- Calling the applicant to have an initial discussion regarding the available position. I review parts of the resume with the applicant to make sure that we are speaking the same language. For example: if the applicant lists that she performed refractions, does she really mean that she put the glasses prescription in the phoropter so that the doctor can perform the refraction? Listen to the responses. Then, set up the interview.
- Making sure you check their past experience history, including the dates they worked. Be wary of employees who switch to another site every 18 months. Discuss this with the applicant and try to get a feel for why she left so soon after starting.
- Asking key interview questions. I love asking, “If I were to call your manager and ask if she would hire you back if she had the chance, what do you think she would say?” I have received some amazing responses.
Trying to predict when someone might leave your practice is a dicey endeavor at best, and usually a losing battle. It will drive you insane because the one you think might leave isn’t the one who actually does.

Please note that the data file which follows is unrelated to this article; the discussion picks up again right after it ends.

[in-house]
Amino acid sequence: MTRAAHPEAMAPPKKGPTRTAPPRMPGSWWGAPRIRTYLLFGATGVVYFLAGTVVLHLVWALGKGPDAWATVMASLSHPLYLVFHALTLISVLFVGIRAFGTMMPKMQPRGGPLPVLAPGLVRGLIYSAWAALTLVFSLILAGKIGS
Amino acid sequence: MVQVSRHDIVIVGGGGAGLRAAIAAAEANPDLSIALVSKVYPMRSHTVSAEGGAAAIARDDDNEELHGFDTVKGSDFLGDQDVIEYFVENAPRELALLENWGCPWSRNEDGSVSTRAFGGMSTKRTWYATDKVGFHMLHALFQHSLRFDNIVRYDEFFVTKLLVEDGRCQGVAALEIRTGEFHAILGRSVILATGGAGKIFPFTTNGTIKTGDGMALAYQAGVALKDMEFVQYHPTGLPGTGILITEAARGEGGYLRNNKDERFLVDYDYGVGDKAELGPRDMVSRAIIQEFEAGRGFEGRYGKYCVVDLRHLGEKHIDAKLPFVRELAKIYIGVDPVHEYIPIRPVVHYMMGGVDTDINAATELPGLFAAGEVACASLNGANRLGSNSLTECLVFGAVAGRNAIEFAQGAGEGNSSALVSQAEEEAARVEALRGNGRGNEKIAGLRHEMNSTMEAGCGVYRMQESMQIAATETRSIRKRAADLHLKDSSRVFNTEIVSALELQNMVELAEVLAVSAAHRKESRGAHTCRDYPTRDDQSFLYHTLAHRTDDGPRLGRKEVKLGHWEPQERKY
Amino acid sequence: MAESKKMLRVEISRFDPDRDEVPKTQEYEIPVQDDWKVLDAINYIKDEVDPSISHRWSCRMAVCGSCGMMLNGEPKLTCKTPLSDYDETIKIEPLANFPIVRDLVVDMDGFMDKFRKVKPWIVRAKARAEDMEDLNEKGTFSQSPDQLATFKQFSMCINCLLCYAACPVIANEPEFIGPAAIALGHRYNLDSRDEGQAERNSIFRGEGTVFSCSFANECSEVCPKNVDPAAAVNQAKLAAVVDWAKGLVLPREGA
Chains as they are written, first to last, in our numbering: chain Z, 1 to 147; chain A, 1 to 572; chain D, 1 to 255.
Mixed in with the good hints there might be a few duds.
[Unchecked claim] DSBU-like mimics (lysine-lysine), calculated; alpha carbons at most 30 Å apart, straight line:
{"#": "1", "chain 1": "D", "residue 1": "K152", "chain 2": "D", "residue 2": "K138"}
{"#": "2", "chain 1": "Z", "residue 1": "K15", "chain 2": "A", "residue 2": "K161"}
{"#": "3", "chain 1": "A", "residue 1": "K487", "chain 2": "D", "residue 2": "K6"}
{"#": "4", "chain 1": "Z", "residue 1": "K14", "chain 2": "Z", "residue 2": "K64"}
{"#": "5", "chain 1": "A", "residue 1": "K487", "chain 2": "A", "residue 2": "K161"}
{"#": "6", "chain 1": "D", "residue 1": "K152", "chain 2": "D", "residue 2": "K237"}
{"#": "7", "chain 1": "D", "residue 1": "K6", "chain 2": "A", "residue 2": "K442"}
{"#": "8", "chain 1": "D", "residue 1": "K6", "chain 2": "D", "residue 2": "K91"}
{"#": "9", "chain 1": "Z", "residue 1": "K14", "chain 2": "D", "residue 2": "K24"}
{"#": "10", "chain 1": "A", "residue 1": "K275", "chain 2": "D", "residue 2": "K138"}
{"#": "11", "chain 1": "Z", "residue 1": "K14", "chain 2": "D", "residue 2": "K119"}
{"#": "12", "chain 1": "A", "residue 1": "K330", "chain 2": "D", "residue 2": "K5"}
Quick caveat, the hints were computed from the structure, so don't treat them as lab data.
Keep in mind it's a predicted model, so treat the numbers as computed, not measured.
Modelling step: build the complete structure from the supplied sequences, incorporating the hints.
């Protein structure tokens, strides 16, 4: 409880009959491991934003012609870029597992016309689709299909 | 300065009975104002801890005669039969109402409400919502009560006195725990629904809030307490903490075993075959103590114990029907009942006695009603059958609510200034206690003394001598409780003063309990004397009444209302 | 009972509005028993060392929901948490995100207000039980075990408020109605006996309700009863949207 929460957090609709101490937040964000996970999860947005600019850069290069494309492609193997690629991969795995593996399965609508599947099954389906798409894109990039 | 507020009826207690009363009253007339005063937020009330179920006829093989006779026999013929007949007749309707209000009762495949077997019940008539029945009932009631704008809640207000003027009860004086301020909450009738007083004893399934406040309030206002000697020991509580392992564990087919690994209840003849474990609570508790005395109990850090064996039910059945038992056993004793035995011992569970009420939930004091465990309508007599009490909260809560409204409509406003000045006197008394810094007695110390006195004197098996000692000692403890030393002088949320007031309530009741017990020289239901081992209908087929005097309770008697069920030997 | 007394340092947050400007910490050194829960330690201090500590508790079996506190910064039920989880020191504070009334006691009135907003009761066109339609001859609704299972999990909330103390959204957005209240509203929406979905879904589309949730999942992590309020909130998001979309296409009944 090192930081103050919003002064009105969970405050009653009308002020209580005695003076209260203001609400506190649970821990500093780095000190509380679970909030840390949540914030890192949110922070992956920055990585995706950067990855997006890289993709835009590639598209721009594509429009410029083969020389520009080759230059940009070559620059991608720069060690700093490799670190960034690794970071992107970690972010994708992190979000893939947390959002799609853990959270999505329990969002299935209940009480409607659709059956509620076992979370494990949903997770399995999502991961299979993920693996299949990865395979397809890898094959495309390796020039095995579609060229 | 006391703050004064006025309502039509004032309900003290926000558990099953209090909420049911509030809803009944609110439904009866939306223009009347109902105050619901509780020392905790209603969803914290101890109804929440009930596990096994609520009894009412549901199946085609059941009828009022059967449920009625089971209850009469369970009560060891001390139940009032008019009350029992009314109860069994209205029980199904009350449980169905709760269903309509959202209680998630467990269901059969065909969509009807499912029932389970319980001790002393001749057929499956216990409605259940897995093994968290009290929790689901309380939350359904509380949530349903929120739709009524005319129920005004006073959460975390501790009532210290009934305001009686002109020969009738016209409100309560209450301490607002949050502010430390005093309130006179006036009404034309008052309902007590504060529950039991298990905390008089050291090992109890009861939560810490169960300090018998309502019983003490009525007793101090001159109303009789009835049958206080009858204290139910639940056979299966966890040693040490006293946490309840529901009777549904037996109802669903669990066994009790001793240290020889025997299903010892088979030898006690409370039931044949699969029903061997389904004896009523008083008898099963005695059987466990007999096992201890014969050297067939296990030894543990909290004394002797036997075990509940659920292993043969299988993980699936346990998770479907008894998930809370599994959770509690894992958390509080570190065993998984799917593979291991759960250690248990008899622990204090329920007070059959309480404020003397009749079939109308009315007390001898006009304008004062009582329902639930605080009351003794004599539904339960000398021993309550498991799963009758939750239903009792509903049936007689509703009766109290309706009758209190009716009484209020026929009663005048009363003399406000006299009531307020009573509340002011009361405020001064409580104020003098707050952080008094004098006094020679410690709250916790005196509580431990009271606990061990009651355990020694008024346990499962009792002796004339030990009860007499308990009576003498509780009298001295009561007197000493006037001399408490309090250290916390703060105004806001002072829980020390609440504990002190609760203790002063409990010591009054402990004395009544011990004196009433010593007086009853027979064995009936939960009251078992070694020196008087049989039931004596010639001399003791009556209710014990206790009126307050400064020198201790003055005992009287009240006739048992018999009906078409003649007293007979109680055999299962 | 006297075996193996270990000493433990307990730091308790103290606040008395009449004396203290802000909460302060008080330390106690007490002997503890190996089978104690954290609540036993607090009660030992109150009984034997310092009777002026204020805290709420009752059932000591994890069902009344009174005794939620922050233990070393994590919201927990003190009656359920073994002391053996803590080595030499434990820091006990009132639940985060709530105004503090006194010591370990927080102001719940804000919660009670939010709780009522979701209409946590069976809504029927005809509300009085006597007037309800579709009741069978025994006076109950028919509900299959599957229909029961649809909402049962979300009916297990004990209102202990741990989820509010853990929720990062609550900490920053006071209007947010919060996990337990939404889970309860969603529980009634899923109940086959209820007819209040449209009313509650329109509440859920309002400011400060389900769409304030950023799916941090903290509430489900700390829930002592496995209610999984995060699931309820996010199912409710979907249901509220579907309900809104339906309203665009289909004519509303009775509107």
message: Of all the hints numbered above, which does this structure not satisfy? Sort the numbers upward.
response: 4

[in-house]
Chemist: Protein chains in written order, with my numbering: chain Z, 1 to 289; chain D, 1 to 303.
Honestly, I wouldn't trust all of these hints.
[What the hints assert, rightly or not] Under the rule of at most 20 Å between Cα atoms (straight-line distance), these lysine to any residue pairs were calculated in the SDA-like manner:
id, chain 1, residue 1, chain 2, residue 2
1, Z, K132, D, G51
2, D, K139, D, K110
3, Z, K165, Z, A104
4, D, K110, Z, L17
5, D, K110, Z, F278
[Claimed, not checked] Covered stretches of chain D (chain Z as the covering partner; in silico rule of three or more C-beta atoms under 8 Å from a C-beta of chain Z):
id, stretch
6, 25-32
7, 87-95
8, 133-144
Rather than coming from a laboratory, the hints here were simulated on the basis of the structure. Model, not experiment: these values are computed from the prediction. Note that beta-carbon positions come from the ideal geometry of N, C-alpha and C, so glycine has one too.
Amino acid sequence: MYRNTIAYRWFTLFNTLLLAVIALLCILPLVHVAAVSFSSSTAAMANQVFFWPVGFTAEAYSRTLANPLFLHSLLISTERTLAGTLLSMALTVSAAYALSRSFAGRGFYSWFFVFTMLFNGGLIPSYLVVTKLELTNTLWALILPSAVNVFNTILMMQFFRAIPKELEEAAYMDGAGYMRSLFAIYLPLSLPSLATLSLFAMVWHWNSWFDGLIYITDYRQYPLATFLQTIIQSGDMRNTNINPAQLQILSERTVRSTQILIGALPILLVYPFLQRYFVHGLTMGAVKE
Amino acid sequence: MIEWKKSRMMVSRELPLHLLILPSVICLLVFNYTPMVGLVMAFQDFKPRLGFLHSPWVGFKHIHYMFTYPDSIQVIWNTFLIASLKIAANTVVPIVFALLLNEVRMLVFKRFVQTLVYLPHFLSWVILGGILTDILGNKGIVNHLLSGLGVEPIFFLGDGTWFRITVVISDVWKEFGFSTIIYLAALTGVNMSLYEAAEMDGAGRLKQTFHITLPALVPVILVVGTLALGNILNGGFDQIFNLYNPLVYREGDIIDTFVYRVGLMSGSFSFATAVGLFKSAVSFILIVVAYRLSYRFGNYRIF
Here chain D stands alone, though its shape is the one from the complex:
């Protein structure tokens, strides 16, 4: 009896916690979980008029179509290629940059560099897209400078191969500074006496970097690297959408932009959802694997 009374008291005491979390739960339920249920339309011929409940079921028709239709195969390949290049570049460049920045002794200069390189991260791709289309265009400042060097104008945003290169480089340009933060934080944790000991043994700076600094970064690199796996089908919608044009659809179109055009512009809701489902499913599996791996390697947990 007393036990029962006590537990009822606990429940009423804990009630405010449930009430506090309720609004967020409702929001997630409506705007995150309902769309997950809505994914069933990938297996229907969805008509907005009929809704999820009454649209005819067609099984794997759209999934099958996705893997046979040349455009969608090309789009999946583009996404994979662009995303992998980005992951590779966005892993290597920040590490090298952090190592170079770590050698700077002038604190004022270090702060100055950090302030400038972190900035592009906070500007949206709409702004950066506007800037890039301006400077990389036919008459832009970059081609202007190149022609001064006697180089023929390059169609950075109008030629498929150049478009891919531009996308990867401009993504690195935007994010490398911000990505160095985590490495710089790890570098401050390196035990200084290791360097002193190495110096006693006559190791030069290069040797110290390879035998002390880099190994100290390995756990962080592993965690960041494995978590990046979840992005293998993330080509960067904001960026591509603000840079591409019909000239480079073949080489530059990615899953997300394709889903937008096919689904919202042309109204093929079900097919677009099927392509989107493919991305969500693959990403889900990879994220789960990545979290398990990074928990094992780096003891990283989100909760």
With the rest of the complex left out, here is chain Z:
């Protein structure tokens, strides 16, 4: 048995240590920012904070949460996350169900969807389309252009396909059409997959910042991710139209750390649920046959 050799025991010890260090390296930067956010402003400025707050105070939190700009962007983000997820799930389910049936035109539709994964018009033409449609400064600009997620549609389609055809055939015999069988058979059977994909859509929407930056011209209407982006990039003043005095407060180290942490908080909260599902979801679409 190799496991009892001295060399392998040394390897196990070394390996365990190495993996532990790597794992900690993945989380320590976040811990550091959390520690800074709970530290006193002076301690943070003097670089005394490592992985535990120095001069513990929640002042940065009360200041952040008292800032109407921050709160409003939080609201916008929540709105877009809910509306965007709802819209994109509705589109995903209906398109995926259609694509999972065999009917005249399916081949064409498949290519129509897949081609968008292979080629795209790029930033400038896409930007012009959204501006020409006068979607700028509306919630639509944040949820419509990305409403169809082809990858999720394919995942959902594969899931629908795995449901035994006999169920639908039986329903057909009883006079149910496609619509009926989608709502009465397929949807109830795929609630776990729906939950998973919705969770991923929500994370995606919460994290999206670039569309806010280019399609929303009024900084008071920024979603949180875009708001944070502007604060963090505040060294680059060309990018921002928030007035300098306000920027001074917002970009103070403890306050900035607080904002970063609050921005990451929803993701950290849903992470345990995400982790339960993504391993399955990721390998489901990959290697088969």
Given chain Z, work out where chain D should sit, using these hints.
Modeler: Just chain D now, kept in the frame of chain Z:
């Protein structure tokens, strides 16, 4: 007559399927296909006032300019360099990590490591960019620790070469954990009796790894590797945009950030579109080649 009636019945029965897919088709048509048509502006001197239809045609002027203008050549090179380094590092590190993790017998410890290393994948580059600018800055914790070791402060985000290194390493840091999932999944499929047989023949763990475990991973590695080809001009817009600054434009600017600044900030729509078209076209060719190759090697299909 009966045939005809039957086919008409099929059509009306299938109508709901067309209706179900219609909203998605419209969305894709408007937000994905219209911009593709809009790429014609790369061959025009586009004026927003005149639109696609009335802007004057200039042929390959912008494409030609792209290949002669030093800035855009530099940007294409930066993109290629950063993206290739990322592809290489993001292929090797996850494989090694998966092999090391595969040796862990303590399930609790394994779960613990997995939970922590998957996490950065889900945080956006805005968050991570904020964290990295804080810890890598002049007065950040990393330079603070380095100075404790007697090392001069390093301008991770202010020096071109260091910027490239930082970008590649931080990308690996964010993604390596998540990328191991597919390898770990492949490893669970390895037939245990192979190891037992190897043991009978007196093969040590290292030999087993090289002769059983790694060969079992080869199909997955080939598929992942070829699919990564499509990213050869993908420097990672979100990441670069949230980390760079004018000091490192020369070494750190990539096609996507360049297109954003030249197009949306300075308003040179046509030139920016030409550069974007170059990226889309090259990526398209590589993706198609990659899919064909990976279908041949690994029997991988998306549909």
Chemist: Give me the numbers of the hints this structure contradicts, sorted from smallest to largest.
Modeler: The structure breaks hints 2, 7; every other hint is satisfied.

Be fair with your staff, promote them when warranted, and allow them to be part of the group by offering a chance to grow and feel wanted. Show them you trust them, have a stake in their development and want only the best for them. Make sure to treat all staff equally, whether they are the chief’s technician or just one of the “worker bees.”
And, when staff leaves — and they will leave at the worst possible times — keep your head. Evaluate the reasoning with regard to how your group practices, and make adjustments if needed.
Staffing is the last worry on your plate when all is going well. But, when no one is making any noise over leaving or staying, remember: silence is golden, unless you are a manager. Then, silence is suspicious! OP